Crabapple Kitchen, Hawthorn

In a recent edition of the (melbourne) magazine, I was reading an article on Greg Feck and his café/restaurant “Crabapple Kitchen” in Glenferrie Road. As I was salivating over a photo and recipe with brioche buns of pork and apple slaw, out of curiosity I Googled their website and saw that they were open for breakfast and took the opportunity to look over their Autumn menu.

Secretly hoping that the brioche buns were available, under the FoodandTravelCo’s selection of international breakfast dishes on the menu, I spied the exotic sounding baked eggs from Marrakesh. As I was about to head off to Morocco for a holiday, I was keen to try all things Moroccan.

By the time I arrived at Crabapple Kitchen mid-morning, there was a queue forming at the door to be seated. Trying to ignore the couple in front of me complaining about the ten minute wait, my eyes were absorbing the French provincial kitchen décor and chefs and baristas bustling around the front open bar area.

I was seated along the breakfast bar opposite the kitchen, with an array of candid photos of the San Pellegrino 50 Best Restaurant awards with snapshots of Heston Blumenthal and Greg’s partner, Kim and other gourmands occupying my attention.

Baked egg in a tagine of duck kofta with tomato, ras el hanout, toasted almonds and coriander served with Batbout (small Moroccan bread) - Crabapple Kitchen, Hawthorn
Baked egg in a tagine of duck kofta with tomato, ras el hanout, toasted almonds and coriander served with Batbout (small Moroccan bread) – Crabapple Kitchen, Hawthorn

I don’t normally order savoury for breakfast, but I was almost relieved to be eating something hot and spicy to beat the cold weather outside. Little did I know, just how hot and spicy. The Moroccan bread was light and delicious but there was only a small piece of it to counteract the chilli factor. A delicious mixture of baked tomato, spices and small meatballs of minced duck meat and egg, but the dish was extremely hot, both in temperature and overwhelmingly spicy. So much so that after a while, it was hard to distinguish what was being eaten and it was a struggle to continue eating after several mouthfuls. I could see the chilli in the mixture and almost wondered what I would be in for in Marrakesh!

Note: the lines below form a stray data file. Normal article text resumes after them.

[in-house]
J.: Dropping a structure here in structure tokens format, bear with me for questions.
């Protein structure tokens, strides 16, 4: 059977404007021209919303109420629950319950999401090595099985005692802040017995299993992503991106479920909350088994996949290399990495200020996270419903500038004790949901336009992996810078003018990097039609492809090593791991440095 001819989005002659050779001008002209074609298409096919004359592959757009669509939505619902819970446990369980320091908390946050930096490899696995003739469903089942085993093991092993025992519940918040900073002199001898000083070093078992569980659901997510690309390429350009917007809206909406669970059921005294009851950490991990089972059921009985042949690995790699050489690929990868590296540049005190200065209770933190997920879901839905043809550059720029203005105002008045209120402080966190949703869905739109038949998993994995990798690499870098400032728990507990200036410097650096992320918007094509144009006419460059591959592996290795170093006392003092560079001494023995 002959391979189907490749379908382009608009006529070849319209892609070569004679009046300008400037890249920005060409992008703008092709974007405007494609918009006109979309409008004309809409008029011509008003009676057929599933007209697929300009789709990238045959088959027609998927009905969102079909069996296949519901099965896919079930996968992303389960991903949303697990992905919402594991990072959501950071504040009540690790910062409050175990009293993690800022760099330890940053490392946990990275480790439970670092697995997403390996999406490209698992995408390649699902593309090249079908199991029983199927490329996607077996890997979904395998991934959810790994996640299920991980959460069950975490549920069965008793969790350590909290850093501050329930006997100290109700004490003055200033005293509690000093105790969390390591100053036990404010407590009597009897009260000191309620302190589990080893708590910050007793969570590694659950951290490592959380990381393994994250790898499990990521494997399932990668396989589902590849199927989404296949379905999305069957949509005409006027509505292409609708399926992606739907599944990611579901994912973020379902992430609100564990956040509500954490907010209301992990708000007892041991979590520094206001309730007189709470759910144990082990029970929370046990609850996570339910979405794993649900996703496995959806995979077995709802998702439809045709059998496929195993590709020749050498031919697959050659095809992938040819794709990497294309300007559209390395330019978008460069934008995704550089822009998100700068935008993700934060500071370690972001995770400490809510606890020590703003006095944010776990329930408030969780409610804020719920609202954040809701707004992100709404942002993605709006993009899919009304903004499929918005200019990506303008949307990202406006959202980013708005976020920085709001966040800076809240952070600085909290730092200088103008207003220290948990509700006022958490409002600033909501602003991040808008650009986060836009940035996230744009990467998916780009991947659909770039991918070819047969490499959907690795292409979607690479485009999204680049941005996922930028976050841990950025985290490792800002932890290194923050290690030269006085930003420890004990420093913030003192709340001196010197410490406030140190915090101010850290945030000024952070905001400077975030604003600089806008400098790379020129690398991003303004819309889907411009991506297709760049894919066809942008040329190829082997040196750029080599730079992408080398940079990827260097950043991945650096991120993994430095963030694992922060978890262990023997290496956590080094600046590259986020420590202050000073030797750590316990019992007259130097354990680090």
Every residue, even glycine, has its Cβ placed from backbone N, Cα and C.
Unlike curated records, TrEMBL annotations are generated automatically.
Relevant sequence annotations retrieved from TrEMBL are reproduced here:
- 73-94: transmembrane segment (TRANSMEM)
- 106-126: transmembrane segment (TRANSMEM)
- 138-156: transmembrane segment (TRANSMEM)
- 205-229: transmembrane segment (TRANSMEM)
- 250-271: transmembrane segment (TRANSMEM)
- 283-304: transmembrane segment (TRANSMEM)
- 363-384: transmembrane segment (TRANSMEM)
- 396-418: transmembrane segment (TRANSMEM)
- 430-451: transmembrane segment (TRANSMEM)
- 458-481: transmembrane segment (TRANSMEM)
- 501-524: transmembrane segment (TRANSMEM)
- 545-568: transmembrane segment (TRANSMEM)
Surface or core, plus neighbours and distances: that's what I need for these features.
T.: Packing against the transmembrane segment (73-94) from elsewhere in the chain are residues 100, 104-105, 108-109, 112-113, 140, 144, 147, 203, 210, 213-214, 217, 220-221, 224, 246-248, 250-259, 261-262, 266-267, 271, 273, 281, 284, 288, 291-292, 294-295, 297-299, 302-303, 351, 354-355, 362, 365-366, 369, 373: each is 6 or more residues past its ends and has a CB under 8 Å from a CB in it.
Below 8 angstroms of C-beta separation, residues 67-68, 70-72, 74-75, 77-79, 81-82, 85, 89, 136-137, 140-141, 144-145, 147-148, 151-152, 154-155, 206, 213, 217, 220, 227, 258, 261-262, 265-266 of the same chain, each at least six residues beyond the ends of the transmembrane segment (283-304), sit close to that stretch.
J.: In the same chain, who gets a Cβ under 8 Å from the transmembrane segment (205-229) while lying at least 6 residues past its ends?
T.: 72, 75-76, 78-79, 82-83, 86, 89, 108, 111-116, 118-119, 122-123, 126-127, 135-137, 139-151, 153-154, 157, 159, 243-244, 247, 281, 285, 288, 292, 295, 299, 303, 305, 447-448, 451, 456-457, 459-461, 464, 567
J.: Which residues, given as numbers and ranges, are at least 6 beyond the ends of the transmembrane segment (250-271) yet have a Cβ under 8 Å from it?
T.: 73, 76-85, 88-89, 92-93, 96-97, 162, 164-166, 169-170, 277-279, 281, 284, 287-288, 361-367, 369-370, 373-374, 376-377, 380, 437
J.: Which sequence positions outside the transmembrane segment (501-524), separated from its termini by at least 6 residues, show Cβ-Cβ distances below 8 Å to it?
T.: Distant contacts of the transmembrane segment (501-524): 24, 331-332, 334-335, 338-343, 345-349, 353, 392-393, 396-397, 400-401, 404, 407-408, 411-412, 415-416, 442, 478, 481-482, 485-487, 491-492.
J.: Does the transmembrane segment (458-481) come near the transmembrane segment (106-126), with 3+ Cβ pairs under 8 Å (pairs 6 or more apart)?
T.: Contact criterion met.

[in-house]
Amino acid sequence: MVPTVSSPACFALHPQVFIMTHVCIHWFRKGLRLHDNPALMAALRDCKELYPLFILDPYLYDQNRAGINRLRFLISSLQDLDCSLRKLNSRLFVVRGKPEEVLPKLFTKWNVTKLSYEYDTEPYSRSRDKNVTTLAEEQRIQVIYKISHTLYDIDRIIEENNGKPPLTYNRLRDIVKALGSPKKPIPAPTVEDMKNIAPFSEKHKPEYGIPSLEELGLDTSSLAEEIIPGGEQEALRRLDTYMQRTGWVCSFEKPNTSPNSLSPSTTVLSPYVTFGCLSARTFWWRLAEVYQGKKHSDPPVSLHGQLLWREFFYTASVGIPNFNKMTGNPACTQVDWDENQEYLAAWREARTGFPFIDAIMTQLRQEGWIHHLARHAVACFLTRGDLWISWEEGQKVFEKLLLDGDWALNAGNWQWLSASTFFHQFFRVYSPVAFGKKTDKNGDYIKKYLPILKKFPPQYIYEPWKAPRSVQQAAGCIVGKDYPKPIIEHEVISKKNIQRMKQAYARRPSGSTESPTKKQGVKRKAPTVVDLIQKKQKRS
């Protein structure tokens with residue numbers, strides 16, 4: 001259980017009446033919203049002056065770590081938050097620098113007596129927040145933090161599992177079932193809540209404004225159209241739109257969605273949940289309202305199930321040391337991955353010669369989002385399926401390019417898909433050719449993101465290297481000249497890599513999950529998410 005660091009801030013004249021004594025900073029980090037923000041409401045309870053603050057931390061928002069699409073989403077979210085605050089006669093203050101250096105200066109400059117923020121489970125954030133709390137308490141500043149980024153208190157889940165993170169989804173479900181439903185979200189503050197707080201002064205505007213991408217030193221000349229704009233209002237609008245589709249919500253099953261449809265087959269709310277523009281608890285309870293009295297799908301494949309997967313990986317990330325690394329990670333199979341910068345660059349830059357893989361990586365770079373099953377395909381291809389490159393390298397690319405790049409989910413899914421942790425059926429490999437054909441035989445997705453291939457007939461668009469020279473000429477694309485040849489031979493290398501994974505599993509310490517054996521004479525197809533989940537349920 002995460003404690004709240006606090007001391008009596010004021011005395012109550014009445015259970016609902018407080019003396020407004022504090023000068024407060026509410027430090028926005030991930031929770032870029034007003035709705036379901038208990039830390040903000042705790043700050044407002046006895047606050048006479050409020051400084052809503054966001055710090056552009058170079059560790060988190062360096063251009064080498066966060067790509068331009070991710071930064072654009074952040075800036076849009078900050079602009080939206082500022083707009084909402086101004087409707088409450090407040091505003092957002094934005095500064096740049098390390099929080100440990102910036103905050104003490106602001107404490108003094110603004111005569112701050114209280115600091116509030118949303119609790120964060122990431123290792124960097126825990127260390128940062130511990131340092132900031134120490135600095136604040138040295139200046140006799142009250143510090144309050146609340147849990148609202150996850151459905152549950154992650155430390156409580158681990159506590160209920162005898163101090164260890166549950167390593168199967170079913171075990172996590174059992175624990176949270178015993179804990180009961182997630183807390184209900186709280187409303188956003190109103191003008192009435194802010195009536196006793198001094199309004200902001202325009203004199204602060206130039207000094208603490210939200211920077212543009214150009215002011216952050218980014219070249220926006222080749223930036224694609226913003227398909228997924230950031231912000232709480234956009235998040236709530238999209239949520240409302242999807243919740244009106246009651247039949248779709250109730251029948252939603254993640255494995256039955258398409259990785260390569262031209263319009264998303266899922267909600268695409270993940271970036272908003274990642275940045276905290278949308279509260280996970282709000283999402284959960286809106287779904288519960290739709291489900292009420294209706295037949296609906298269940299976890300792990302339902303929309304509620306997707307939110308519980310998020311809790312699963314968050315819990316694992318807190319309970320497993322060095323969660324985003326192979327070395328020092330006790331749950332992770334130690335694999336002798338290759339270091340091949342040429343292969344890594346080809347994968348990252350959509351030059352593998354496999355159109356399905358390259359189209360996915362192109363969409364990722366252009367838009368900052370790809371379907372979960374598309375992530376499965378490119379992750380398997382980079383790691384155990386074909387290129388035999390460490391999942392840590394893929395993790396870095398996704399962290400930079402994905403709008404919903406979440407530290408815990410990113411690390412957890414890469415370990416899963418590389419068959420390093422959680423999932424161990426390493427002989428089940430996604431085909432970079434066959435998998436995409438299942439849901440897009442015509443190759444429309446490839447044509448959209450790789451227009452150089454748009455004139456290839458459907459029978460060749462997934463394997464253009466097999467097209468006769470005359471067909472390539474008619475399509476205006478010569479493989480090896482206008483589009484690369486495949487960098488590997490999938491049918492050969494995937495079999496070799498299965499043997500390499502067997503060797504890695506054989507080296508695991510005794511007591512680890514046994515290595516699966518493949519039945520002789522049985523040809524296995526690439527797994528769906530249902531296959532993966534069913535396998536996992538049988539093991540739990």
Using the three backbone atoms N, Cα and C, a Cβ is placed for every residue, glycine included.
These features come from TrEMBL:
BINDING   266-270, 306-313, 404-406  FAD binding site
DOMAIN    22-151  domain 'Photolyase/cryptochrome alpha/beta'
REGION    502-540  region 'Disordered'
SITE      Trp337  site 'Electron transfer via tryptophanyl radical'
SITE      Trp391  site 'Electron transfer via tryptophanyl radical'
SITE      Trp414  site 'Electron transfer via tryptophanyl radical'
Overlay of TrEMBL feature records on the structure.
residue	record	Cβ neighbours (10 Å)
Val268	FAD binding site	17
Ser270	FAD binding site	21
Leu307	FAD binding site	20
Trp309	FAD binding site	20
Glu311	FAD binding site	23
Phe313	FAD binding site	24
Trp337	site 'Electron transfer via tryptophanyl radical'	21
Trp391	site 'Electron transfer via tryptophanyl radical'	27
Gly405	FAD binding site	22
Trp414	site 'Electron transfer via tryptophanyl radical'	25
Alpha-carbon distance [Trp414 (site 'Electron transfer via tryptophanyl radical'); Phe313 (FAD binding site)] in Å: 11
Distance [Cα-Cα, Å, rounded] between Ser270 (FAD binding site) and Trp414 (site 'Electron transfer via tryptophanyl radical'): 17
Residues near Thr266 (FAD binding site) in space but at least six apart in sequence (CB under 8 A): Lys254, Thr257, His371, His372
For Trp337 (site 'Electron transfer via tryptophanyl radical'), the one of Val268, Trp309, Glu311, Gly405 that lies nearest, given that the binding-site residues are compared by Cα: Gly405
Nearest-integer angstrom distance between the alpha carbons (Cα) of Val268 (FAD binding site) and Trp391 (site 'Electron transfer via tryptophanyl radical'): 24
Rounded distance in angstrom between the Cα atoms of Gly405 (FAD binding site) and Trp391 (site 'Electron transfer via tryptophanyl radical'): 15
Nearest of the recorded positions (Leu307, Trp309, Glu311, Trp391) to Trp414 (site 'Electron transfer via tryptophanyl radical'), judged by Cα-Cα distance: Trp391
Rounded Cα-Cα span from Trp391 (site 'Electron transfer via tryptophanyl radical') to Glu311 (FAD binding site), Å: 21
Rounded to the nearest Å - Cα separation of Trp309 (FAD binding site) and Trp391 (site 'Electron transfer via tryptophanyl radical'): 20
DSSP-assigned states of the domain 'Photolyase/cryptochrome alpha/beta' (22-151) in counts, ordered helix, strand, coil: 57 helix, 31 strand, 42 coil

The maître d could see that I wasn’t eating and when I explained about the heat factor, he asked if I would like a glass of milk to counteract the spice, but I politely declined thinking that all I wanted was more of that delicious bread to fill me up!

Crabapple Kitchen have an innovative menu and I had the privilege to indulge in one of their themed Friday Night Flight dinner evenings in May, so I have experienced their wonderful cuisine and their take on Moroccan traditional fare, however I think this dish was a rare misstep.

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